One of my favorite spots in the world was the front porch of my Aunt Bet’s house. When I was a teenager, I spent many a long happy summer evening sitting in one of the white cane-bottomed rocking chairs with my feet propped on the banister just a few feet from one of the most magnificent magnolia trees on the planet. It was heaven, even though I didn’t realize it at the time. There was something about those treasured summer nights that was magical. I didn’t look out across the future to a time (which is now) when I’d look back and long for those times. It was pure existential pleasure, and the thought of those times ending never seriously entered my mind. Of course I’ve always had a stark frightening realization of the fleeting temporal nature of people, places, and situations.
There is something about the passing of time, about being unable to embrace it and have it stop for even the briefest wisp of a moment, that forbids my senses even a shadow of understanding. The opening line of a long-running soap opera always began, “Like the sands through the hour-glass, so are the days of our lives.” But even the sand and its movement is something concrete, something we can witness and take in with mortal senses, but the time that the sands of the hour-glass measures still eludes our comprehension, defies our straining glimpse into its mysteries.
One thing the discipline of journaling does it to bring full force into my consciousness the ceaseless flowing of time. It is wonderful to be able to look back over the events, people, situations, and even the dreams of my life, but at the same time it is somewhat unnerving to ponder that today’s entry and the events and thoughts recorded in it are immediately swept into history. That history grows more distant in a smooth, even motion, but for some reason it is startling to stand at certain points along the way and look back and realize just how distant points in my history have become. It’s much like watching a child grow up. You see that child each day, and she grows all the time, but every so often there is a startling epiphany of just how much this child has grown. It’s almost as if you suddenly saw her grow before your eyes. Without the objective evidence of a date’s notation, it would often be difficult to remember if certain things happened two years ago or five.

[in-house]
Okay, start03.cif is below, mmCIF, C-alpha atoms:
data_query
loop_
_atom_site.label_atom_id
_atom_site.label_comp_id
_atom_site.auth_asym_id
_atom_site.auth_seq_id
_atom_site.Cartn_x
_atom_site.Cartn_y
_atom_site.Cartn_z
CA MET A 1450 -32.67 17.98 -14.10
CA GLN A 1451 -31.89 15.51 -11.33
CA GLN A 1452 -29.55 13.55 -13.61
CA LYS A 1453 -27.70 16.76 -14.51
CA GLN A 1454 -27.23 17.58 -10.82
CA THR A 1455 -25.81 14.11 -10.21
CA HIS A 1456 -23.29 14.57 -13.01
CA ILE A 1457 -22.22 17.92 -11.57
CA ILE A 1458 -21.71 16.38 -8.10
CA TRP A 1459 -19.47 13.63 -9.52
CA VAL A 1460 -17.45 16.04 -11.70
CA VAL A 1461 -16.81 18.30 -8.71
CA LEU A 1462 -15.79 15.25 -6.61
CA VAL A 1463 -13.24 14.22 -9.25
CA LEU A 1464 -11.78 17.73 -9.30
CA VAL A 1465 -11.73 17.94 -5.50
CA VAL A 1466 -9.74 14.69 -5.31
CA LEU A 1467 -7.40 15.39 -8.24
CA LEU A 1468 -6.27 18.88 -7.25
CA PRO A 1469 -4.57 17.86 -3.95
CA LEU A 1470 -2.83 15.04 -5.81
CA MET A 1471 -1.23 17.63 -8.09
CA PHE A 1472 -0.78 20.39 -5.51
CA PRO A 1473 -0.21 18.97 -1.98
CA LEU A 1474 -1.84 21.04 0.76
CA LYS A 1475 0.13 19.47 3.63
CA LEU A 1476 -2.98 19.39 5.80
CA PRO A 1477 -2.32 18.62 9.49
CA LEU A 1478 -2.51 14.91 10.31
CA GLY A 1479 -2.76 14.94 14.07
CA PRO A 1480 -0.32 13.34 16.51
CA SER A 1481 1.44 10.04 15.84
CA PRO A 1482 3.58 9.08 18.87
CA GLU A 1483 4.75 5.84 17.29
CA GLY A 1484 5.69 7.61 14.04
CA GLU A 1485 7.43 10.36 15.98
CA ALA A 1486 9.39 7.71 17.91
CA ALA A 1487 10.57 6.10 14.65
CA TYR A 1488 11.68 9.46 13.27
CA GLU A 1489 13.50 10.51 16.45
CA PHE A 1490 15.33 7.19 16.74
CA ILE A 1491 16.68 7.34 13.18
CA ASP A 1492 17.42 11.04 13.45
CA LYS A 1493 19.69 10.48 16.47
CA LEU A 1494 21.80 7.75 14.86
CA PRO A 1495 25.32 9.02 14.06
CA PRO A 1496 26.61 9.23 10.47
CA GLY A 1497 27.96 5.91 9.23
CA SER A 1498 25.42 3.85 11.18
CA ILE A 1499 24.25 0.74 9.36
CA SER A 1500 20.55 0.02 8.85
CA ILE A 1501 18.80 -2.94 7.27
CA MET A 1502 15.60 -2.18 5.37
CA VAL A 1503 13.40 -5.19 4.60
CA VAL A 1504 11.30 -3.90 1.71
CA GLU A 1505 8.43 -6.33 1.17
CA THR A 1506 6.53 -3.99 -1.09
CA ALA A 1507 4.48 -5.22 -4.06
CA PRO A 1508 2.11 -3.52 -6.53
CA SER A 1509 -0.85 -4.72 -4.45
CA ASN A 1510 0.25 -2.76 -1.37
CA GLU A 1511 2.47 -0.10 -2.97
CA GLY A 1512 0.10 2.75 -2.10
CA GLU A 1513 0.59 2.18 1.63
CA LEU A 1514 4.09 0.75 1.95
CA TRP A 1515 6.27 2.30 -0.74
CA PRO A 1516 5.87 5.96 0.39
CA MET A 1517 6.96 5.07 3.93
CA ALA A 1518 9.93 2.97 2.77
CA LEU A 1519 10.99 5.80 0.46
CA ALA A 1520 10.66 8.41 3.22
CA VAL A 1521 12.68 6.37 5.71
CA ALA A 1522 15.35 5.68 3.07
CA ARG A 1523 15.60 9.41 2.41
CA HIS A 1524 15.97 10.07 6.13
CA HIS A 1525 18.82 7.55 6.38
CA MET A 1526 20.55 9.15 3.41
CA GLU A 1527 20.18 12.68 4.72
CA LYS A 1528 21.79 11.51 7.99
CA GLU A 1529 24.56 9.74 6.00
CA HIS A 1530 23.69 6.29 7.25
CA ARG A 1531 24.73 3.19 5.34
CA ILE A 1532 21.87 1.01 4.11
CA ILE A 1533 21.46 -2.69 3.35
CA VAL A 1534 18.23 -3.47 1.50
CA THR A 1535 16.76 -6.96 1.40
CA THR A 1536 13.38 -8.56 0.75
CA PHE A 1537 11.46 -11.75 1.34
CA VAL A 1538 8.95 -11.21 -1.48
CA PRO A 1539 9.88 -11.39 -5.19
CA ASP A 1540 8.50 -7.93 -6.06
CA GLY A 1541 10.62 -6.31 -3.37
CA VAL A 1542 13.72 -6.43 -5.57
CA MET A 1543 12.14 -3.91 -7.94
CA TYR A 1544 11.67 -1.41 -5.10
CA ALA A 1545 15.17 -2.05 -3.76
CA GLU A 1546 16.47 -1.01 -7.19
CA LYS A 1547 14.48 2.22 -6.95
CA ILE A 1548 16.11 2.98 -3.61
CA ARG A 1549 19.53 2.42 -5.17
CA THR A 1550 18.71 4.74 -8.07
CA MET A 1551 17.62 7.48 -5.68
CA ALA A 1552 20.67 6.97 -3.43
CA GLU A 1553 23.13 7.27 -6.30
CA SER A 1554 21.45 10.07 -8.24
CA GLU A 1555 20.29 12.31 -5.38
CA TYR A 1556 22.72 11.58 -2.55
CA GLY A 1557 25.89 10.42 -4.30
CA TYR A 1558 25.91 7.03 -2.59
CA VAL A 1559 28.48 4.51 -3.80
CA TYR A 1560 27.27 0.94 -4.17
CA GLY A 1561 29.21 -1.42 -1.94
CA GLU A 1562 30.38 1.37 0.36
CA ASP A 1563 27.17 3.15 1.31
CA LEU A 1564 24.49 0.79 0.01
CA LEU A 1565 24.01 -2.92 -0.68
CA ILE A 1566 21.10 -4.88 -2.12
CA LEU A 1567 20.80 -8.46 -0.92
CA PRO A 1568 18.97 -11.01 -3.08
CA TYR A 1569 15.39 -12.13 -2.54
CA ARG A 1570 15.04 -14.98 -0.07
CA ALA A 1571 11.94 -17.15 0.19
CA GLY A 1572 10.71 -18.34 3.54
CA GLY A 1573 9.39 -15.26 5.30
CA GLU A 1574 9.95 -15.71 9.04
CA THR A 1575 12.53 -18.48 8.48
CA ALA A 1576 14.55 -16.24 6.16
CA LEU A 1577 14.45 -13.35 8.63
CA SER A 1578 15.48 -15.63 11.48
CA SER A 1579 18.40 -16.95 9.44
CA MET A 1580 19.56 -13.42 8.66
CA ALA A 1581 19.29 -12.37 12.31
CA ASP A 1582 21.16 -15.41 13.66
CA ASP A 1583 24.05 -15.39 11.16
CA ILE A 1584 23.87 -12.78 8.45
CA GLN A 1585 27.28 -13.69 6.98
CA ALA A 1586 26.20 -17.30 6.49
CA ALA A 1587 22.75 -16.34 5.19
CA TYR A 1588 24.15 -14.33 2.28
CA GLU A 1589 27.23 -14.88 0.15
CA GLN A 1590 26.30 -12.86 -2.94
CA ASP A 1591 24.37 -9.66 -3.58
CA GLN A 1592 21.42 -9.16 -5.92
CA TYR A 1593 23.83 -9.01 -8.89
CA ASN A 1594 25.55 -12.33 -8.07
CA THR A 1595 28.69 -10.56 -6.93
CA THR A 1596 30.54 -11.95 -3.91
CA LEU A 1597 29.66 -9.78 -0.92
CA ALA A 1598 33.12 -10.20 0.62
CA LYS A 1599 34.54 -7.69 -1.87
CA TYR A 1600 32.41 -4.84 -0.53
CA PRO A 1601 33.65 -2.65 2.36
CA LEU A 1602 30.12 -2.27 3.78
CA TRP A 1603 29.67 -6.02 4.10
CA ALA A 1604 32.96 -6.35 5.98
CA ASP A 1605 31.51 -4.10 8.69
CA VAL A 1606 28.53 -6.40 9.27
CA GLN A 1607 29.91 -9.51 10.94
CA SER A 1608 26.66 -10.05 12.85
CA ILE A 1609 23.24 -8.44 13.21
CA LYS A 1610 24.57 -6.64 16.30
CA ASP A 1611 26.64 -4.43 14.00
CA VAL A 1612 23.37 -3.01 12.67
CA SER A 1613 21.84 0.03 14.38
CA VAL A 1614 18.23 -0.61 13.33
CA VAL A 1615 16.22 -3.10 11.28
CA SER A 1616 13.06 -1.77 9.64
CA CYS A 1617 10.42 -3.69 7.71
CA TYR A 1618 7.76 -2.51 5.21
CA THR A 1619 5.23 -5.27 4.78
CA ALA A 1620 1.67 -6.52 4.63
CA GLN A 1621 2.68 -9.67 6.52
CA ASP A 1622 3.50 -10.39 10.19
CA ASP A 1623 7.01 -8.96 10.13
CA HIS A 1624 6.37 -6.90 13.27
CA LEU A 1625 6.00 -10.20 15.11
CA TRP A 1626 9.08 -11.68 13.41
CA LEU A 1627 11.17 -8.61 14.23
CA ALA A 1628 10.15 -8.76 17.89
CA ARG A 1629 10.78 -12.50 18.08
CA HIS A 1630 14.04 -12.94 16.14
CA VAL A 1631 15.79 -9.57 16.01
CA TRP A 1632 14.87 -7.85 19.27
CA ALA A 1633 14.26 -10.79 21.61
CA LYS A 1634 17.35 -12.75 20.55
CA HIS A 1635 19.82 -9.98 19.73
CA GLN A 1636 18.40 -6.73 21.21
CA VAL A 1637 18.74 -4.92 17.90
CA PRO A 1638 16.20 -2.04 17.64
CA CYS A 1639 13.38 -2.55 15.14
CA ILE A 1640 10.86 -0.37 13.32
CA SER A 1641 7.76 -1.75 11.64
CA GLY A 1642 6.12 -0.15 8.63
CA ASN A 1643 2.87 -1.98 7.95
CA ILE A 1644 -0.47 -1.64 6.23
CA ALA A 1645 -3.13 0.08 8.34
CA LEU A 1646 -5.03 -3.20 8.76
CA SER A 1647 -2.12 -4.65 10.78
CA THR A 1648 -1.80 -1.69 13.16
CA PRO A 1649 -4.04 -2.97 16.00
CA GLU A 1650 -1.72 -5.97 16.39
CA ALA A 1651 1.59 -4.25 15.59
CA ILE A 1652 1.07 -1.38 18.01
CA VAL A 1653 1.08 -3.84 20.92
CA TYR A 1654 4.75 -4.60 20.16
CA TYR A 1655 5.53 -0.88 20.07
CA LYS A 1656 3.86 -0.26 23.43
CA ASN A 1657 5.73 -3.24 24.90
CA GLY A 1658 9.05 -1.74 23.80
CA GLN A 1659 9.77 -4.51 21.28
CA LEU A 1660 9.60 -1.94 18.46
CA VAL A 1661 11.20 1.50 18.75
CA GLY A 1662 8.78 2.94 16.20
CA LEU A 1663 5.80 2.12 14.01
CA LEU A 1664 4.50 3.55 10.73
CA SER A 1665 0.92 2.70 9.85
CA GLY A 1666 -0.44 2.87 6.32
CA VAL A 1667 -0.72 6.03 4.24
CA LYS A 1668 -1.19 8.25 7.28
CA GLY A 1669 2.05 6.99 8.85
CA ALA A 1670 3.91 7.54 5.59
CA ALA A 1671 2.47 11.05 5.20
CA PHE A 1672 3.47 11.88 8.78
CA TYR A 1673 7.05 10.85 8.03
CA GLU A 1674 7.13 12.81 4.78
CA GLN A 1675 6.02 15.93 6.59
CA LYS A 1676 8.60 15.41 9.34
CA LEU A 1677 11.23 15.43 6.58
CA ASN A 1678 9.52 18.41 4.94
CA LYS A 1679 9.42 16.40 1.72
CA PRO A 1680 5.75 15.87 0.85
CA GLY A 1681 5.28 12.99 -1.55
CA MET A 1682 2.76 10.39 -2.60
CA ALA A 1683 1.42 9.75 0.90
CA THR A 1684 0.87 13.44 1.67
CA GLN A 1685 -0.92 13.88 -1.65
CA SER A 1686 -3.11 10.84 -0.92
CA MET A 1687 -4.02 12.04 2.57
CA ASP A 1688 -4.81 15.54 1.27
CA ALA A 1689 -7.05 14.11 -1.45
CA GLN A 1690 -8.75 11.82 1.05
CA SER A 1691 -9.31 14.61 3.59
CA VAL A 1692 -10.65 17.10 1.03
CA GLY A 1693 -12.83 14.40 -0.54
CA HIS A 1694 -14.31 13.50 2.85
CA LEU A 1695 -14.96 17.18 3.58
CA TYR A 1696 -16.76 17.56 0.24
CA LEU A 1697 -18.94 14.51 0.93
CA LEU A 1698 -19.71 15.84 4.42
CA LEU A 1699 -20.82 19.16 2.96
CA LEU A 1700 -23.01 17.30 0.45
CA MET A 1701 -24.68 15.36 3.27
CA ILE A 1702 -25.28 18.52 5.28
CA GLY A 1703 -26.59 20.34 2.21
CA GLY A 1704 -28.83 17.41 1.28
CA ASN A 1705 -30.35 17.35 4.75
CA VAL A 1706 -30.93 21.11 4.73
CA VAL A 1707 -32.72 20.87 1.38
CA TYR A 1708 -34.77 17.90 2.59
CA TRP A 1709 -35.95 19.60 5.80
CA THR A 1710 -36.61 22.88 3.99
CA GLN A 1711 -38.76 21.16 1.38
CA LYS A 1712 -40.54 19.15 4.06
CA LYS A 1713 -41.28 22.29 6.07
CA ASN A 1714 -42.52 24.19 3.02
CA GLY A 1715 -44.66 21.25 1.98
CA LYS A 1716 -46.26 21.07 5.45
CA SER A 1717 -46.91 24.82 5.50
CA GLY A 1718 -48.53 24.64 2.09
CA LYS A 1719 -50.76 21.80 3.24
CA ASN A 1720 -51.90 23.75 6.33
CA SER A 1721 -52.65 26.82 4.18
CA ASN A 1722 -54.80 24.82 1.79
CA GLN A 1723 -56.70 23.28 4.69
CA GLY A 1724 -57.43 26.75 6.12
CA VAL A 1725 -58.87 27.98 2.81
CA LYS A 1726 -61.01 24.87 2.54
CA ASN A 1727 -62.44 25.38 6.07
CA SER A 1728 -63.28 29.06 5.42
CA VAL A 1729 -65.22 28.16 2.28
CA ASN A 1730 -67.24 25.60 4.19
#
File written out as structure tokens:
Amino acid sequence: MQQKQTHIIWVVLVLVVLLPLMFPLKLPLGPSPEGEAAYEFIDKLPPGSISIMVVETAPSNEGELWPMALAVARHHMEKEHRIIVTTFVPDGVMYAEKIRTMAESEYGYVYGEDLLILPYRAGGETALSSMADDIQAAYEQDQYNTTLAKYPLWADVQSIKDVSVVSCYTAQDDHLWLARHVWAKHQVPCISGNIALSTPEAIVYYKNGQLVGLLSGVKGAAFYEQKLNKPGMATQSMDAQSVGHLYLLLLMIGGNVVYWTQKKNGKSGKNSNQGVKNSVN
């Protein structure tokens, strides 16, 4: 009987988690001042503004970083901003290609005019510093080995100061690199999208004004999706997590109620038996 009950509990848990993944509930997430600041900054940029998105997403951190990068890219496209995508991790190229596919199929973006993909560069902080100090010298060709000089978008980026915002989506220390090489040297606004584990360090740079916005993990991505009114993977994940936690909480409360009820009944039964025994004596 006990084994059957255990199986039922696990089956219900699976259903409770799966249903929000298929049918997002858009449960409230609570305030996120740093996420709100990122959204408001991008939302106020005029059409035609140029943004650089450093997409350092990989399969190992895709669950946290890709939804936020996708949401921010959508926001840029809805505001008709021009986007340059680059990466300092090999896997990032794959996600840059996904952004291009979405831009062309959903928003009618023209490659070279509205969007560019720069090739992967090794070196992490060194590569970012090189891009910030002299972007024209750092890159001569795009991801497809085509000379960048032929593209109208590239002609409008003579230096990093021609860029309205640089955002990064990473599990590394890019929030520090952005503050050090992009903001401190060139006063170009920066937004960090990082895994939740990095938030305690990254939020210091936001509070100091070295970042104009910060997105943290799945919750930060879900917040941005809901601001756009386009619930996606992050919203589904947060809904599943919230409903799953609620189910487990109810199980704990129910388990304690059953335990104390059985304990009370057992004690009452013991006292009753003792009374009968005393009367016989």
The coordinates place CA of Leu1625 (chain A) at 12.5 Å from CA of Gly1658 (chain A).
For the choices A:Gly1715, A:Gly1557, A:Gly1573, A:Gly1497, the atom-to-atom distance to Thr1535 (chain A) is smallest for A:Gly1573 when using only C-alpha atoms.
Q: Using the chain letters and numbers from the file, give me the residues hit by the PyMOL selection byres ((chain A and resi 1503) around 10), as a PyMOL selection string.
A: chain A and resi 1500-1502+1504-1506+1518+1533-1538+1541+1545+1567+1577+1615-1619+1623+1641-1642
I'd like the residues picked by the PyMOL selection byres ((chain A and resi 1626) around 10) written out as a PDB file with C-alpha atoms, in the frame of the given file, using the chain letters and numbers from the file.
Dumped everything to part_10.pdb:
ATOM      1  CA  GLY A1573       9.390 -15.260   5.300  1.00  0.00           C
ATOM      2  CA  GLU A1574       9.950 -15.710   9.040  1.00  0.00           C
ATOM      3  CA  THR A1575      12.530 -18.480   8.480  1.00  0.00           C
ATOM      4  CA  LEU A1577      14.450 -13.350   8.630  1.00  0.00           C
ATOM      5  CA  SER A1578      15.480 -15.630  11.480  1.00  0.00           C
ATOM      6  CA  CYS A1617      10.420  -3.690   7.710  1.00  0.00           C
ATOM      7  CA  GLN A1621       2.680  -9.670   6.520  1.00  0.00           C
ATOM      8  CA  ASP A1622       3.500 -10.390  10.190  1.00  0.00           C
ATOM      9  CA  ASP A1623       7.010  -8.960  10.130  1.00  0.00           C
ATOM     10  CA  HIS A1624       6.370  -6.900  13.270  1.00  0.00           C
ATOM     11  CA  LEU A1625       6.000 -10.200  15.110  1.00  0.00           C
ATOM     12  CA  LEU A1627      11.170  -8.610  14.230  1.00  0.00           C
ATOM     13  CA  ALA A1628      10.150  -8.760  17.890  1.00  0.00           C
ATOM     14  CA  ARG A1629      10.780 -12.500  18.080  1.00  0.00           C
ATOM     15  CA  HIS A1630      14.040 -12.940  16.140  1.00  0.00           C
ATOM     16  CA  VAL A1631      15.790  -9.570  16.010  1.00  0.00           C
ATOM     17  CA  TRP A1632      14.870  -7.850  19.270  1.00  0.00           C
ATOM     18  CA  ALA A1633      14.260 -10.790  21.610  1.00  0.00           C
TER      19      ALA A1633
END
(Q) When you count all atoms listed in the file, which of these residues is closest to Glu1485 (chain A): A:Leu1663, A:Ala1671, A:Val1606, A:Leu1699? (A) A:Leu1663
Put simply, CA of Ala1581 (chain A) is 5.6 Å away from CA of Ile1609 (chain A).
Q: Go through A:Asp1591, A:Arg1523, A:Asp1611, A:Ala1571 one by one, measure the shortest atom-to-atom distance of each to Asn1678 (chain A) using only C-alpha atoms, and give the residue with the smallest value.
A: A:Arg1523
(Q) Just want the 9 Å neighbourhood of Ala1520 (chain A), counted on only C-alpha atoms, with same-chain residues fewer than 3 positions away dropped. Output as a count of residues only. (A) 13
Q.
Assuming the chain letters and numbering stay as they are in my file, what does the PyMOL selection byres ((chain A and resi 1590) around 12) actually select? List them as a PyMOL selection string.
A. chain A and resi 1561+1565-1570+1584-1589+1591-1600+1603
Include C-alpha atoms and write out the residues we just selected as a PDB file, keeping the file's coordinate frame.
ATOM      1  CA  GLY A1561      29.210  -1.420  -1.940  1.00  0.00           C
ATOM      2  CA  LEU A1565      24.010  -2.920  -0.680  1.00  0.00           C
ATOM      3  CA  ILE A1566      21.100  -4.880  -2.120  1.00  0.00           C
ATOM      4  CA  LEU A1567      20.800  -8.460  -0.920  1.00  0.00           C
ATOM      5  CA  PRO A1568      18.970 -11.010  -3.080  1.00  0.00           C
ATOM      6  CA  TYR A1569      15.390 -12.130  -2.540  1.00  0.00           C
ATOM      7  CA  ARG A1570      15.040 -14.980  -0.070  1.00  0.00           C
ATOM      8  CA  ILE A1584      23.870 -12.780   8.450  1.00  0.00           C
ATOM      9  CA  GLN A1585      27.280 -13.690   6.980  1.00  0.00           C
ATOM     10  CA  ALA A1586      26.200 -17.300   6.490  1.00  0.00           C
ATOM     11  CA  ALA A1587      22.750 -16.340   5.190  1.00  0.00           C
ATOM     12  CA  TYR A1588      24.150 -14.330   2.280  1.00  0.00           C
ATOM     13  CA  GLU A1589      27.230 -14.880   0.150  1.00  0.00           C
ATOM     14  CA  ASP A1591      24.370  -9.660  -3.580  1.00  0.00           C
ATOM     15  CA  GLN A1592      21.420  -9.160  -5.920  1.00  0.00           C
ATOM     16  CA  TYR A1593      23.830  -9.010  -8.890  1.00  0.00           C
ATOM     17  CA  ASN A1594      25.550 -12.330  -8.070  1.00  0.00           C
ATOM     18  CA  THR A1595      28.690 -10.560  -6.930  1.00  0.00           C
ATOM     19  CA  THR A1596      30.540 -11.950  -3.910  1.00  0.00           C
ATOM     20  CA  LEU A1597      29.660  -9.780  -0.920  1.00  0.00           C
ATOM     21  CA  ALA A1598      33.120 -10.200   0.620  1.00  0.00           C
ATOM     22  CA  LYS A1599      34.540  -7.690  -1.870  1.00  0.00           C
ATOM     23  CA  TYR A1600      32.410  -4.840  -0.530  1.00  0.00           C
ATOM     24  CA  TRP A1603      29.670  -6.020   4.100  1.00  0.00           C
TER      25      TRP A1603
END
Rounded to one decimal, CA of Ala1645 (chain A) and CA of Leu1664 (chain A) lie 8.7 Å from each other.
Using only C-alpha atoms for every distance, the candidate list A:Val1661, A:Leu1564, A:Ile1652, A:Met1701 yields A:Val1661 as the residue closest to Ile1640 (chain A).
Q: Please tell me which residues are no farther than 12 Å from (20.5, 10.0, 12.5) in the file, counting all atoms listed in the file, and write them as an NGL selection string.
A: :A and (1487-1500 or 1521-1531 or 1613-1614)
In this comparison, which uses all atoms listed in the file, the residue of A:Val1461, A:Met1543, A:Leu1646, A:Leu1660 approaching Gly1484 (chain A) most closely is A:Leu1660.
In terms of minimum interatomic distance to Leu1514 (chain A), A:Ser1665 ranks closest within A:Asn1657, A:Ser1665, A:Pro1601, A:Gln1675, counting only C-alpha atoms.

It’s amazing how often reflection about time itself comes up in my journal entries. It’s such a compelling phenomenon, I suppose it’s inevitable, especially considering how focused on the specific date and hour each entry keeps me. I’ve often tried to reconcile my aging with memories of my youth. I remember once when my mother, starting into her eighties, looked at me with a sense of panic and said, “I’m old! How did this happen?” She was having one of those epiphanies of existential terror that we all go through from time to time, and no doubt these epiphanies become more dramatic to the soul as we get older.
Here’s a reflection on this very topic from a past journal entry. It was written on a loose sheet rather than in my regular journal, and the only notation of time was a year – and a very fateful year, because not long after I wrote it, my mother died:
From an undated journal entry in 2001:
The child...I watch my little girl (15 now) walking about the kitchen, and I look at her with a heart that could almost burst with love, and I think...what happened to the little girl who was four? Then I think ahead, ten years, twenty, and where will this little girl be...the child? But then I think, the child is there...the 4 year old, the infant, the 12 year old – all there. How about me?...I'm still that little boy sitting on the couch wearing green shorts and picking up gumballs with my bare toes. And Mama...still John White's little girl...and Grandpa, still a little boy growing up in the 19th century...in all of us the child is there. No one will enter the kingdom of heaven, Christ said, unless he or she becomes like a child.